How we speak about and celebrate history speaks volumes about our values as a society. History functions not only as a vehicle for remembrance but also as a mirror reflecting our present selves. History is told by humans, who are influenced by their own values and politics. What is focused on and what is left out in the mainstream historical discourse is not decided objectively; rather, it is a reflection of our own values as a society. If we do not care about certain voices, why would we choose to highlight them in our history?
March is Women’s History Month, a time dedicated to remembering the contributions of women both to our past and present. The contributions of all women are not highlighted, however, and the ones we do focus on are discussed in a very narrow fashion that reinforces the problems of mainstream (i.e., white) feminism.
Take the U.S. women’s suffrage movement, for example. The movement culminated in the passage of the 19th Amendment, which extended the right to vote to all women. Except, not really. In reality, white women were enfranchised, but many other women — women of color — were not.
Native Americans (including Native American women) were not granted citizenship until 1924, and some states barred them from voting until as late as 1957. African Americans (including African American women) were largely kept away from the voting booth before the Voting Rights Act of 1965 (which, it should also be noted, is currently under attack). Chinese Americans (including Chinese American women) were not granted citizenship (and thus enfranchisement) until 1943.
It is disingenuous to continue to claim that the 19th Amendment extended voting rights to all women — and yet at the same time, it is an incredibly honest example of our values and interests as a society both then and now. Which stories our history privileges reflects the value our society grants certain voices and the privileges they may or may not carry.
When one takes a closer look at the actual history, it is not surprising that the 19th Amendment was not actually for all women — a number of the leaders of the suffrage movement explicitly did not want to include all women in their movement. To justify white women’s right to vote, Elizabeth Cady Stanton, one of the movement’s leading figures, asked, “What will we and our daughters suffer if these degraded black men are allowed to have the rights that would make them even worse than our Saxon fathers?” Similarly, Susan B. Anthony stated, “I will cut off this right arm of mine before I will ever work or demand the ballot for the Negro and not the woman.”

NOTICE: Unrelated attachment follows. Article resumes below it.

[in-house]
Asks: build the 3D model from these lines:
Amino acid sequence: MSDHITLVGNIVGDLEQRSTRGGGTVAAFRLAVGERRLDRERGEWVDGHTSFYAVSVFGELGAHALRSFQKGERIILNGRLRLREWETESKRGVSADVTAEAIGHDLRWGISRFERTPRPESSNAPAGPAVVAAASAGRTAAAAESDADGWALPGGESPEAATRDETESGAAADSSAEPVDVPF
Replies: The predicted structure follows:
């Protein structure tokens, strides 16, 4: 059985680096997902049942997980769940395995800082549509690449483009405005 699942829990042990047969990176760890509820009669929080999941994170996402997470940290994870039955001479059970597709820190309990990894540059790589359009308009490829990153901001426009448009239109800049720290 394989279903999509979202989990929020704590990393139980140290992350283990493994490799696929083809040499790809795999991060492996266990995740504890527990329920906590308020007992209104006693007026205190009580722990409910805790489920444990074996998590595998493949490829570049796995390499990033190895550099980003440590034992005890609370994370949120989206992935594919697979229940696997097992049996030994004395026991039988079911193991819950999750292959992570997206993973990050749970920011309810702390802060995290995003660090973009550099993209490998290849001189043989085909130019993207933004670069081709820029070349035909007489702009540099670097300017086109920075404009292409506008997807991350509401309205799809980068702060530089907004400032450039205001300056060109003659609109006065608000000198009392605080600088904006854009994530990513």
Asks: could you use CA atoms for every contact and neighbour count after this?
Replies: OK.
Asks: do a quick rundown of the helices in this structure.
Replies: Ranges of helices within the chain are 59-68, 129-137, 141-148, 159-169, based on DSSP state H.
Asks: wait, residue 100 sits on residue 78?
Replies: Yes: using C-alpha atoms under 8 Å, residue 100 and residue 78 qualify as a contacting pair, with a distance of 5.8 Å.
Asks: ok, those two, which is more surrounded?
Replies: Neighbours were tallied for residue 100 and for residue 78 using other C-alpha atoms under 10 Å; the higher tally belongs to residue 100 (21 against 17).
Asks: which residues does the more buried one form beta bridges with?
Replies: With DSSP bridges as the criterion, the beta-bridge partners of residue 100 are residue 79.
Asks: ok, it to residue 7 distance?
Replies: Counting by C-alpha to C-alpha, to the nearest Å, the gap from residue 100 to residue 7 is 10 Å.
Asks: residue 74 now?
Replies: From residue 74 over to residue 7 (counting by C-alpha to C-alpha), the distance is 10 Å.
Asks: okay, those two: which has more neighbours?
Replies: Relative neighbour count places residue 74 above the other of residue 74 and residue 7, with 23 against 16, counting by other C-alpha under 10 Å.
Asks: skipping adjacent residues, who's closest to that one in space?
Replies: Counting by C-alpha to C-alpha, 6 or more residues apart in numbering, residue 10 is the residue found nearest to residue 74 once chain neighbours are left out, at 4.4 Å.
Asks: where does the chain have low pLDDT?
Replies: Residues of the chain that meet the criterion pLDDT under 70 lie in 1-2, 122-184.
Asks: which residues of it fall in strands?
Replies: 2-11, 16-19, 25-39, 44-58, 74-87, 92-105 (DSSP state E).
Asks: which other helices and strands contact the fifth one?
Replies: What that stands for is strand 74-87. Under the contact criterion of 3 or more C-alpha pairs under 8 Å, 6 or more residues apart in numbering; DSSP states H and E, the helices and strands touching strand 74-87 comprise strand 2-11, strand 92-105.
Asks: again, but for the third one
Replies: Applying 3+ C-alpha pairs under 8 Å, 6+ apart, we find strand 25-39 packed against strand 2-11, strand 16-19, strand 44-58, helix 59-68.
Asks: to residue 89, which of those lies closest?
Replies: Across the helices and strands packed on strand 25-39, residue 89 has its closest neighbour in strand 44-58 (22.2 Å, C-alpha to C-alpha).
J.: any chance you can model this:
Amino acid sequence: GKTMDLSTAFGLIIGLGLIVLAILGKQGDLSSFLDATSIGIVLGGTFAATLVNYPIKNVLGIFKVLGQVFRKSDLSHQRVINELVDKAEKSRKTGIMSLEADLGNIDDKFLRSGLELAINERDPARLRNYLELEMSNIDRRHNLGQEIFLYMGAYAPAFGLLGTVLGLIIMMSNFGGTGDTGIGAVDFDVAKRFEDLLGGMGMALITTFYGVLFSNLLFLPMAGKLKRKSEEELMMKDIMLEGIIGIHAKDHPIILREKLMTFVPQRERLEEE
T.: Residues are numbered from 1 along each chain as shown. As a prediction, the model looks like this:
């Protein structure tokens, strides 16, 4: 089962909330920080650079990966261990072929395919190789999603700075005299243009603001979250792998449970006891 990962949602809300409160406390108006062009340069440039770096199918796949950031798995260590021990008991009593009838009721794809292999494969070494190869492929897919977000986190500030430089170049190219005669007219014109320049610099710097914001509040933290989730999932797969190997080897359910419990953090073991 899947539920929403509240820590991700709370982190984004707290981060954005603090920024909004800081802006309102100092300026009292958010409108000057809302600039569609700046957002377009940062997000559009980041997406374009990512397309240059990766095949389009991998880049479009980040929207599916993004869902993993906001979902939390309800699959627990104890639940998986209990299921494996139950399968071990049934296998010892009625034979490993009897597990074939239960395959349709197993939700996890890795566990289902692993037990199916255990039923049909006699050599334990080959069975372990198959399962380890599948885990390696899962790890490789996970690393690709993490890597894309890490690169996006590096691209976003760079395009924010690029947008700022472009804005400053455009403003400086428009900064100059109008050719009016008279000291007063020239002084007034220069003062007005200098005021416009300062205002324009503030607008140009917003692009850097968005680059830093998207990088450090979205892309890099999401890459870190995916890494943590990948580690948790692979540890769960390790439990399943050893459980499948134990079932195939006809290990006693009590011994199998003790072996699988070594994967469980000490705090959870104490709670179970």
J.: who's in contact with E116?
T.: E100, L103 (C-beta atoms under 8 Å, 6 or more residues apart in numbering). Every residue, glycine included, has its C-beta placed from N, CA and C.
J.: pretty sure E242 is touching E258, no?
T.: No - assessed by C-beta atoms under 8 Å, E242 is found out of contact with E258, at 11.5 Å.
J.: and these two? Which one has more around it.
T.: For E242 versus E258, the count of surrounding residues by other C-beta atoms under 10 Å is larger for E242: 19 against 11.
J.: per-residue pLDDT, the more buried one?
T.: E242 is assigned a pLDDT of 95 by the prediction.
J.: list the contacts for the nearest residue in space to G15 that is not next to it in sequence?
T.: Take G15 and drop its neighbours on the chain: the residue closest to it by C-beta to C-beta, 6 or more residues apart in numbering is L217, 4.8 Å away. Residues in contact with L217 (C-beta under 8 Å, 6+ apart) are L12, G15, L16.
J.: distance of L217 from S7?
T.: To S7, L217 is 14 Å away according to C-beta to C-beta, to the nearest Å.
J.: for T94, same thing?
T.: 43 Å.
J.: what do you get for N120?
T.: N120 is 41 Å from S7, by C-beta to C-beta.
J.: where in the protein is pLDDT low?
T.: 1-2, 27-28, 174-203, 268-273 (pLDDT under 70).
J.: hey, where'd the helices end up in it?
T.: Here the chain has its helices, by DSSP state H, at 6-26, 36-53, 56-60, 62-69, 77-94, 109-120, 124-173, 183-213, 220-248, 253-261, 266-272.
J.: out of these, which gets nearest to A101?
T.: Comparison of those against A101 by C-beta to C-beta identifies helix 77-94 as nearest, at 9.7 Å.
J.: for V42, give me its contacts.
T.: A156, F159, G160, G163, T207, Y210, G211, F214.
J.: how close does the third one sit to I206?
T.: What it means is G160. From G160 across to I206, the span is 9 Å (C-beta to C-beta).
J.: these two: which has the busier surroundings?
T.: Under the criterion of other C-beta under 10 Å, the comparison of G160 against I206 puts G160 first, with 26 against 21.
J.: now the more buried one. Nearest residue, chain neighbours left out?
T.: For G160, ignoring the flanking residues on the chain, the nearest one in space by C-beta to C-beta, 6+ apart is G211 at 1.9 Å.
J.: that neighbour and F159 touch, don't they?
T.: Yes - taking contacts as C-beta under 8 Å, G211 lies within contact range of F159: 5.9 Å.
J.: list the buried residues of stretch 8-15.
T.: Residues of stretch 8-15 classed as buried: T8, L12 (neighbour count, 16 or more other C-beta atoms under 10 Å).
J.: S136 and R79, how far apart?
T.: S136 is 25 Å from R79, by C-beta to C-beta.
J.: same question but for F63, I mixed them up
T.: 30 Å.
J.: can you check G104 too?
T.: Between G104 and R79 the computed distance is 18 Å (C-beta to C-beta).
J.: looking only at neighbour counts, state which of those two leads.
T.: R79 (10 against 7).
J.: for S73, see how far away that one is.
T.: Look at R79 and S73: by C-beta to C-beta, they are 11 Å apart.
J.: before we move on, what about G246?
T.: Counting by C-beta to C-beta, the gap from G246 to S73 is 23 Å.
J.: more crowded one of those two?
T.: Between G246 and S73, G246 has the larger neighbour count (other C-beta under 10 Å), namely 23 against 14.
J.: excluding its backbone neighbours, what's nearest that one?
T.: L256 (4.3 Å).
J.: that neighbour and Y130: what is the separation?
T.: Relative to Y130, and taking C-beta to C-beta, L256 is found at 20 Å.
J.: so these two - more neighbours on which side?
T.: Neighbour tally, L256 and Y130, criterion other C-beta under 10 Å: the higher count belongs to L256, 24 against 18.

It would be one (still incredibly problematic) thing if these women were the only ones fighting for the right to vote. But that is not the case. One clear example of a woman of color organizing for women’s suffrage is Ida B. Wells-Barnett, who was an anti-lynching crusader, women’s rights advocate, and journalist. In 1913, she organized the Alpha Suffrage Club for black women in Chicago and brought them with her to Washington, D.C. to march in a parade for women’s suffrage. They were asked by the parade’s organizers to either stand in the back or not to participate.
By misremembering this history, we continue to perpetuate the racist and exclusionary nature of the women’s suffrage movement. This is not an issue that can be relegated to the past. Racism still plays a large role in mainstream (white) feminism. It is thus vital that we fully acknowledge this movement’s limitations both past and present in order to transform this reality into one based on inclusion, justice, and respect for all. Here’s to that future, and here’s to all the women who fight for justice. This Women’s History Month is for you.
Image courtesy of news.rutgers.edu